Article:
Leave these fields empty (spam trap):
You can leave this blank to post anonymously, or you can create a Tripcode by using the format Name#Password
[i]Italic Text[/i]
[b]Bold Text[/b]
[spoiler]Spoiler Text[/spoiler]
>Highlight/Quote Text
[pre]Preformatted & Monospace Text[/pre]
[super]Superset Text[/super]
[sub]Subset Text[/sub]
1. Numbered lists become ordered lists
* Bulleted lists become unordered lists



420chan is Getting Overhauled - Changelog/Bug Report/Request Thread (Updated March 20)
The Future of Energy by Angus Trotlock - Tue, 16 Oct 2018 09:19:50 EST ID:AECV3w0N No.37529 Ignore Report Quick Reply
File: 1539695990200.jpg -(251227B / 245.34KB, 1280x720) Thumbnail displayed, click image for full size. 251227
Reading current trends, this is what I see as most likely for the future of Energy production in the world:

It is possible to turn solar energy into either jet fuel or liquid ammonia. The former captures carbon from the atmosphere in the process but puts it back once it is burned so it is carbon neutral. The latter process produces a fuel which does not contain any carbon and therefore is also carbon neutral. Both fuels can be used to power fuel cells and jet fuel can also be burned to power generators. Both fuels already have the infrastructure designed to transport them and can be scaled up easily.

Certain areas on the planet are exposed to more solar irradiance than others (deserts mostly) and they are ideal locations for solar plants. The problem with that is that it would be very expensive to run power transmission lines from places with high solar irradiance to places that need the power, and you would also lose some power because it's inefficient to transfer power over long distances using electrical wire. Converting the solar energy into liquid fuel on site that can be shipped anywhere solves this problem. Areas that have lots of cheap land with high solar irradiance that is near traditional shipping lanes will become major hubs to produce carbon neutral liquid fuels to power fuel cells. What's really cool is that many of the major fossil fuel producing countries in the Middle East actually fit these criteria perfectly. They will be perfectly situated to move into this industry once it opens up and becomes commonplace.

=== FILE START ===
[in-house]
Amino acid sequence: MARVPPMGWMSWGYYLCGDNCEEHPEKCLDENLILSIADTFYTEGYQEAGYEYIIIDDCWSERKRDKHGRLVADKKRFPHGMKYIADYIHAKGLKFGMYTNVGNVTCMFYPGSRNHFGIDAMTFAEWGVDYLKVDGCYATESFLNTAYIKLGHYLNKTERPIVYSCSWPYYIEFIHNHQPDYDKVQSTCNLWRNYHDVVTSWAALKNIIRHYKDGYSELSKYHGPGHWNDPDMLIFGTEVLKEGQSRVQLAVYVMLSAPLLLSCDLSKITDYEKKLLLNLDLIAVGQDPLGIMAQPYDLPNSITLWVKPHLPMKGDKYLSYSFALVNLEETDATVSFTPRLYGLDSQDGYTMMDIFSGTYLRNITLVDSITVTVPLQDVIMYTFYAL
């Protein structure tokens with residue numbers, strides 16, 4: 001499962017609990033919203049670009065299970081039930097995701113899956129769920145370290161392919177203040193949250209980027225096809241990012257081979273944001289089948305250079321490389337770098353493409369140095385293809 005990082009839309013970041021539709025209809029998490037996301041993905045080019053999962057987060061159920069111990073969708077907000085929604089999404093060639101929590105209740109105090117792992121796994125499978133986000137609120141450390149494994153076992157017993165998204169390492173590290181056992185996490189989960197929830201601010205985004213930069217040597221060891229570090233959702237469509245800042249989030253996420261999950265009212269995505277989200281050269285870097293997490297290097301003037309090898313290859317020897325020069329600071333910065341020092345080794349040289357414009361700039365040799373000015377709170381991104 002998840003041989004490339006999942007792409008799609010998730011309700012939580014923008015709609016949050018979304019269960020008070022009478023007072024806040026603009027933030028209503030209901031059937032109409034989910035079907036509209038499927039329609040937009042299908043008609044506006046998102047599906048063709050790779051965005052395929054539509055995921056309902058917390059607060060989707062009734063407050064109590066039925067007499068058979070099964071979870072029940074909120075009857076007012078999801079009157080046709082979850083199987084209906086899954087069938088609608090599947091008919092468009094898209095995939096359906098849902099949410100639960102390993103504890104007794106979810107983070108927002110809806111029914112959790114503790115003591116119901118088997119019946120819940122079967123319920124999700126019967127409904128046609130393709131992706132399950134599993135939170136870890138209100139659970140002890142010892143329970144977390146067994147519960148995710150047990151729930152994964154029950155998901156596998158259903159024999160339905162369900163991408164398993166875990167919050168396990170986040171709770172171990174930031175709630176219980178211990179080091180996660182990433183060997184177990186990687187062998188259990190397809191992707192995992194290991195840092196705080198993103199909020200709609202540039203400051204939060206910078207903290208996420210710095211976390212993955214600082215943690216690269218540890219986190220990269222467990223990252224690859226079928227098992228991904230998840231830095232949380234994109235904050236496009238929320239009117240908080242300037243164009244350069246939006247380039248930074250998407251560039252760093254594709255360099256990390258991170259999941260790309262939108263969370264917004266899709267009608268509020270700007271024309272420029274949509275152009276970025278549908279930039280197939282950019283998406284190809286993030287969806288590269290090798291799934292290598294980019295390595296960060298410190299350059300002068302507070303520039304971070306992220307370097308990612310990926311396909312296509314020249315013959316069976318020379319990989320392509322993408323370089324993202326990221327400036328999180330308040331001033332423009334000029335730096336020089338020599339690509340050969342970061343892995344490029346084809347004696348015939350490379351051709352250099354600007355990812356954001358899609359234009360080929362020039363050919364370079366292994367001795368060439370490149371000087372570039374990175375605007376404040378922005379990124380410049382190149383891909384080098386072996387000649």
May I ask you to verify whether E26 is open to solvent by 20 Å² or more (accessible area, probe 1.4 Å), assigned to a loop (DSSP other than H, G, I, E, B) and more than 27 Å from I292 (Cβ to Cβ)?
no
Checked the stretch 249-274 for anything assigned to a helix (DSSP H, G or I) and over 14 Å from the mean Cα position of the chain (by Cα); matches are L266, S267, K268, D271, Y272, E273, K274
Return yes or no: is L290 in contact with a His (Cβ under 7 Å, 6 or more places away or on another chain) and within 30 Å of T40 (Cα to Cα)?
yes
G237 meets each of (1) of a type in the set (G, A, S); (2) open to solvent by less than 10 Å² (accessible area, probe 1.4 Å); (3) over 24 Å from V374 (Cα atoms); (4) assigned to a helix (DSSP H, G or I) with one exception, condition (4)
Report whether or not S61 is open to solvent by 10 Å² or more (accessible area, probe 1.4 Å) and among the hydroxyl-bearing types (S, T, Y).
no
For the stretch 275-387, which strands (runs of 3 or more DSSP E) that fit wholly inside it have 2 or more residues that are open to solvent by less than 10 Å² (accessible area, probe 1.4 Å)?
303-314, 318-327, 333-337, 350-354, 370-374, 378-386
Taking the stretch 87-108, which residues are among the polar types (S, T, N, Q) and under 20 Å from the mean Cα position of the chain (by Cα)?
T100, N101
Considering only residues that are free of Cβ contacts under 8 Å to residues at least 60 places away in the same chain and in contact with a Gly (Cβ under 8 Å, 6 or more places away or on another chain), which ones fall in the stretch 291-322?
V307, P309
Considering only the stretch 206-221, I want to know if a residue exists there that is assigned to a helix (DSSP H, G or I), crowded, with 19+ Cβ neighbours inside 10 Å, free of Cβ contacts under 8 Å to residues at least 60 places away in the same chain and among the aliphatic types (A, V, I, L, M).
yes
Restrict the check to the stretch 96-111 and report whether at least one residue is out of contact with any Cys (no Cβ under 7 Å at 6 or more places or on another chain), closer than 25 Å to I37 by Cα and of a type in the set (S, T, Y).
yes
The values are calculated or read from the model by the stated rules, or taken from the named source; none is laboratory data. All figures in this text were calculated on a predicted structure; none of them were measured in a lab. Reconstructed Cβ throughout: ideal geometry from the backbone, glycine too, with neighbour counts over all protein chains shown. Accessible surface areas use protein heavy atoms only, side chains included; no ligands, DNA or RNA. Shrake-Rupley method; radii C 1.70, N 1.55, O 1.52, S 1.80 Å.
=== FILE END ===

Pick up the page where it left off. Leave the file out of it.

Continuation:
I think that the solar plants themselves will adopt concentrated solar rather than photovoltaic because the materials will be cheaper as it just uses mirrors which can be cheaply mass produced. Systems using molten salts would probably not be needed as they could just churn out as much fuel as possible during the daylight hours and ignore dark hours meaning that the technology for this already exists today and can simply be scaled up.

The only thing that could kill this is intellectual property rights. I have a suspicion that some of the companies funding the research into fuel cell breakthroughs actually get their money from fossil fuels and they're funding the research in order to get the patents so they can stop them from ever being used. I've seen big breakthroughs go nowhere. This is the same thing they do in the pharmaceutical industry. Promising research is funded only so that it can be locked in a drawer never to see the light of day. Scientists go in thinking they're going to make a difference only to find no one cares about their breakthrough because it could potentially actually cure diseases that they want to just "treat". Oh well, at the moment I remain optimistic that this will be implemented within the next two decades at the very latest. Our days of relying on oil are over because we realize it's starting to fuck with the climate.